|January 1949 Radio & Television News|
These articles are scanned and OCRed from old editions of the Radio & Television News magazine. Here is a list of the Radio & Television News articles I have already posted. All copyrights are hereby acknowledged.
Don't let the title fool you. This is not a "bees-birds-and-flowers routine" being provided to Barney by his boss, Mac. It turns out to be a brief introduction into the fine art of troubleshooting intermittent problems in radio and television circuits. As is usually the case, while the specifics of the scenarios Mac describes might not apply to your challenge at hand, the general philosophy always does. It is basically the old process of elimination where after rapping components mechanically and/or heating or cooling them in hopes of observing a tell-tale change in performance, the next step is to divide the suspected circuit portion in half (electrically, but sometimes also physically) and look in one direction. If the problem isn't there, then divide the circuit in the other direction in half and go there. Repeat until the problem is found.
One of my personal favorite first steps is to verify all mechanical connector interfaces (if any) are contacting properly. Clean with alcohol if possible, and burnish with sandpaper if appropriate, then plug and unplug the connections a few times, just to make sure proper seating is occurring. It is no exaggeration that up to 50% of the problems I have encountered with everything from wall-mounted light switches to computer hard drives have been remedied by cleaning connector interfaces.
By John T. Frye
A sudden January thaw had melted the snow into a slushy mess; and as Barney returned to work at Mac's Radio Service Shop after his lunch hour, he had to pick his way carefully around the soot-covered puddles standing on the sidewalks. The dazzling sunshine and the bright blue sky overhead, though, were the things that struck a responsive chord in Barney's naturally cheerful nature; and he was doing his whistling best to recall last summer's hit of "Woody Woodpecker" as he stepped inside the shop.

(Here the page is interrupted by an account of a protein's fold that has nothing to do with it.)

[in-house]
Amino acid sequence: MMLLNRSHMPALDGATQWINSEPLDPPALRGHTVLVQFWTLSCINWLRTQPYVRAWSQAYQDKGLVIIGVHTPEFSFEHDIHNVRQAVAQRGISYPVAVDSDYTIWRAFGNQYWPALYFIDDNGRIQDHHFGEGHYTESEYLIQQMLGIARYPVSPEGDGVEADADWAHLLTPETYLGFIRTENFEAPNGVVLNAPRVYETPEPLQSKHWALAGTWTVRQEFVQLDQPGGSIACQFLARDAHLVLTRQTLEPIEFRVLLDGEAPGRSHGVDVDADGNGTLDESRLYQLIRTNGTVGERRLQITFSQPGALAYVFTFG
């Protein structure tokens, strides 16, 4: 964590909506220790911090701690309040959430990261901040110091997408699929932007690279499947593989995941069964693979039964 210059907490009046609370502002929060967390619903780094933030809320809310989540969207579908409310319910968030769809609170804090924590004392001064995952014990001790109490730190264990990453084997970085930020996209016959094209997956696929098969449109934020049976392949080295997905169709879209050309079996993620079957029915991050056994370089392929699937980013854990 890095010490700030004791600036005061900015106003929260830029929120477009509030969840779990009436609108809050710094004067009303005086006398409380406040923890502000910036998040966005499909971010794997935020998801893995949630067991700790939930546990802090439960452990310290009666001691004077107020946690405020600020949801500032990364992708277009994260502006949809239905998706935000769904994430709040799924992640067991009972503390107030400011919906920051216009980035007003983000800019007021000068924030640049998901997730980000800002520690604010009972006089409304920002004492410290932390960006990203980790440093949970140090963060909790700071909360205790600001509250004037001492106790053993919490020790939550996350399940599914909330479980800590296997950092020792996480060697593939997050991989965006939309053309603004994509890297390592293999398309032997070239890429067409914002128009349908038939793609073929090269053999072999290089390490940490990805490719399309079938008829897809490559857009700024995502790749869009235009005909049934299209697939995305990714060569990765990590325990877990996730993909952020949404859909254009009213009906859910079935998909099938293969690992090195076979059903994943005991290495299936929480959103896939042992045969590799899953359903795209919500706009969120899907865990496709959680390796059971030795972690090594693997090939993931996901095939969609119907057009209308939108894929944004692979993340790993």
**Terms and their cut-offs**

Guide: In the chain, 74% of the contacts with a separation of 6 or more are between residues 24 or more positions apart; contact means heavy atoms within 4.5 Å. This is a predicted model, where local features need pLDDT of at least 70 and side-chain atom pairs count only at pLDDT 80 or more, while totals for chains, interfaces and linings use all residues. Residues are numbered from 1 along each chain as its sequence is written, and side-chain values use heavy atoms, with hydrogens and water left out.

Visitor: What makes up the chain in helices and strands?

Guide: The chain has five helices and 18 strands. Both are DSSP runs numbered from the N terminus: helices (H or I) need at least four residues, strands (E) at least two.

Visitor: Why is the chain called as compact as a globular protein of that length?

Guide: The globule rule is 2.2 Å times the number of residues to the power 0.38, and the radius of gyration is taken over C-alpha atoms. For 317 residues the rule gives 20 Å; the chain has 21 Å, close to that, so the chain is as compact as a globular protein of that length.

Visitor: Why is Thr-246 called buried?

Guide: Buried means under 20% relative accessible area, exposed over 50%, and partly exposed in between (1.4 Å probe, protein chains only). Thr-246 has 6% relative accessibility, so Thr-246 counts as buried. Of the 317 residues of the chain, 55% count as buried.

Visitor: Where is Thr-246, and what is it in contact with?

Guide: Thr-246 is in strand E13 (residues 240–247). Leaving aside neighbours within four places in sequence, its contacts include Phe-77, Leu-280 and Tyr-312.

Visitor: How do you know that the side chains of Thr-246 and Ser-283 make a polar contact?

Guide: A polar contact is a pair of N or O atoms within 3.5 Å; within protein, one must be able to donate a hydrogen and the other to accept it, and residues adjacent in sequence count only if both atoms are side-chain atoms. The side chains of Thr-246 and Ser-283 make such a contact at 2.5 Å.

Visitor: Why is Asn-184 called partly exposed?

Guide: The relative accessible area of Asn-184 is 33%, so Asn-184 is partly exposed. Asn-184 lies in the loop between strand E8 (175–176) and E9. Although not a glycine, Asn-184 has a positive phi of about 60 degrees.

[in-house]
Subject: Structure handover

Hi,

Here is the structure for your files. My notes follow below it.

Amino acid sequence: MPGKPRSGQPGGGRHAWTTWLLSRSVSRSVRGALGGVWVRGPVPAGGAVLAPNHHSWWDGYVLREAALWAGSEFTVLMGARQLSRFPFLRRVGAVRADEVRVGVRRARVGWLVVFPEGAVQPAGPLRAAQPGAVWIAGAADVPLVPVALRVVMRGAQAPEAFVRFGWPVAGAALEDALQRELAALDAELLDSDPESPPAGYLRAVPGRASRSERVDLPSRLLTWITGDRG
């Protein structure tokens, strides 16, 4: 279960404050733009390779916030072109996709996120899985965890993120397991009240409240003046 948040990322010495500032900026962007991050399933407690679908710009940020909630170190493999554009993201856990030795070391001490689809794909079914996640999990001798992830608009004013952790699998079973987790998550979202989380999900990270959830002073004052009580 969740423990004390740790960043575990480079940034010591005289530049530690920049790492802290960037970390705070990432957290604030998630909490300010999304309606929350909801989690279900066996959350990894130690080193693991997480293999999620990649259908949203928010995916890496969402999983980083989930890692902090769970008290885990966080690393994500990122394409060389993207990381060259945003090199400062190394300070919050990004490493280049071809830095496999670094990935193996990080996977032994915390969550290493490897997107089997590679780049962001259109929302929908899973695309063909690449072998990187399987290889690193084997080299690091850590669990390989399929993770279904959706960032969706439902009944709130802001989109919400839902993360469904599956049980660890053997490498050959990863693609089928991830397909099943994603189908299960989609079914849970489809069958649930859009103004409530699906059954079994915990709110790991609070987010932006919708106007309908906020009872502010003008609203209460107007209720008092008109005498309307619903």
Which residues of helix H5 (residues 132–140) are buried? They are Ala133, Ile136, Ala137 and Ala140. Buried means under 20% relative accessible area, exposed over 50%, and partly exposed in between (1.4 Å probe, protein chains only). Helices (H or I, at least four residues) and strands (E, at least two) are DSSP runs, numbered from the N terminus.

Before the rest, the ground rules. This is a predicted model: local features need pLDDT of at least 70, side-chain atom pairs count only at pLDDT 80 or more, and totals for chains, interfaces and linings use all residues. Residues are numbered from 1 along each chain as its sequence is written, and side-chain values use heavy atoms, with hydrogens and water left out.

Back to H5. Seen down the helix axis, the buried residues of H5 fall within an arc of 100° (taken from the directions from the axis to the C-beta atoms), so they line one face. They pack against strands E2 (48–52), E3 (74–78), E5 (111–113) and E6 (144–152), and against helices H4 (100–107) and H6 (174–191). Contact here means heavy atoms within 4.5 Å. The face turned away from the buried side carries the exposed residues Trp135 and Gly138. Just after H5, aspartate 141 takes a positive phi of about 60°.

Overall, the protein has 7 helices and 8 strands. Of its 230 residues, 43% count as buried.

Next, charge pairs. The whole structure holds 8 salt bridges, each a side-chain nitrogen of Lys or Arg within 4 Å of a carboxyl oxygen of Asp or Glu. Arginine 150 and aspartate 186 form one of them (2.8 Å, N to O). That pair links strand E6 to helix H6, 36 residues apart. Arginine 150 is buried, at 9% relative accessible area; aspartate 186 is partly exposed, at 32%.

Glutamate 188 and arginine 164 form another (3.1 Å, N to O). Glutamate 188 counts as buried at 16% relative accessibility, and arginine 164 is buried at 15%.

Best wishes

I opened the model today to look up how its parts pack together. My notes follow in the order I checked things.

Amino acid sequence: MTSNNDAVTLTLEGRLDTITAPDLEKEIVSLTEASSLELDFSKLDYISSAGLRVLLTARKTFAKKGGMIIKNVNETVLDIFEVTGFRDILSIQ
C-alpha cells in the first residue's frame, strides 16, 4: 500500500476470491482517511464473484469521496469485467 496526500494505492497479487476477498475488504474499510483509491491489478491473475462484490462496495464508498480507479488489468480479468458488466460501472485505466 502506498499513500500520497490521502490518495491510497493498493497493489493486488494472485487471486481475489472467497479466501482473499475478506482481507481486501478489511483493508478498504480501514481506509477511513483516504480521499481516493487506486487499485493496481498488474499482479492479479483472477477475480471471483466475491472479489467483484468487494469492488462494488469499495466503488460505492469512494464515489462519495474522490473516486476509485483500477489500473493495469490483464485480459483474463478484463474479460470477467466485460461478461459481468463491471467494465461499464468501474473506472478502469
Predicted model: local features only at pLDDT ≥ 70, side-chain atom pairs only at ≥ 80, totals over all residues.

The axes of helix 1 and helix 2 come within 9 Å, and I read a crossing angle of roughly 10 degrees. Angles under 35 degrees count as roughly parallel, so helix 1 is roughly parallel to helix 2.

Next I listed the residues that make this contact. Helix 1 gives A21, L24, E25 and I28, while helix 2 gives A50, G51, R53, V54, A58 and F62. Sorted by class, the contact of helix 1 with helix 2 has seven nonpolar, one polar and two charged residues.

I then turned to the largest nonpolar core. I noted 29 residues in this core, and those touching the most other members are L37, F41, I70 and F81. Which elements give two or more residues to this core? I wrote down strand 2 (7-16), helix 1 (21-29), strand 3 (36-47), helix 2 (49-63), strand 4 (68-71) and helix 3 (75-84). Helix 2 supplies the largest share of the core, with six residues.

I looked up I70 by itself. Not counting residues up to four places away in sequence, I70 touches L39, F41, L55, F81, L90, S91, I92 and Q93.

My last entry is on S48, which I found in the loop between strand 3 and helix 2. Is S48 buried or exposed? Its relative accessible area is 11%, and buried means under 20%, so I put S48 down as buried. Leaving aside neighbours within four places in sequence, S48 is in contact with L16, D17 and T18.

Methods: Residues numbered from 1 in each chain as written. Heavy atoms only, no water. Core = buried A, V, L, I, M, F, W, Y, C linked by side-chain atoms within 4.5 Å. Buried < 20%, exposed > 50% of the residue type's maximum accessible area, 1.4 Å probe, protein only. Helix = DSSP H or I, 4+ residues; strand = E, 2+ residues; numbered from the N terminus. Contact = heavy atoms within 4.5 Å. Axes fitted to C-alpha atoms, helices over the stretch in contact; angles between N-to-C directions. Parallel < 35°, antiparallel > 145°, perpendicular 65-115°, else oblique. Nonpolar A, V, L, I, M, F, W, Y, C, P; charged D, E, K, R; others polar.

Mac was sitting on Miss Perkins' desk talking to her, and Barney had the uncomfortable feeling that they had been talking about him. What led him to this intuitive conclusion was the fact that they were still doing it. Mac was saying:
"But he has to know sometime. He can't go on being just a big, innocent, trusting lummox all his life. He is a big boy now, and it is better that he should hear things from me and get them straight than to pick them up goodness knows where."
Miss Perkins looked wistfully over her glasses at Barney standing pop-eyed in the door and said in her best soap-opera imitation" "Yes, I suppose you are right, but I can't bear to see that innocent, carefree expression go out of those lovely, lovely blue eyes. But go ahead. Take him into the back room and tell him all, but please, please close the door behind you!"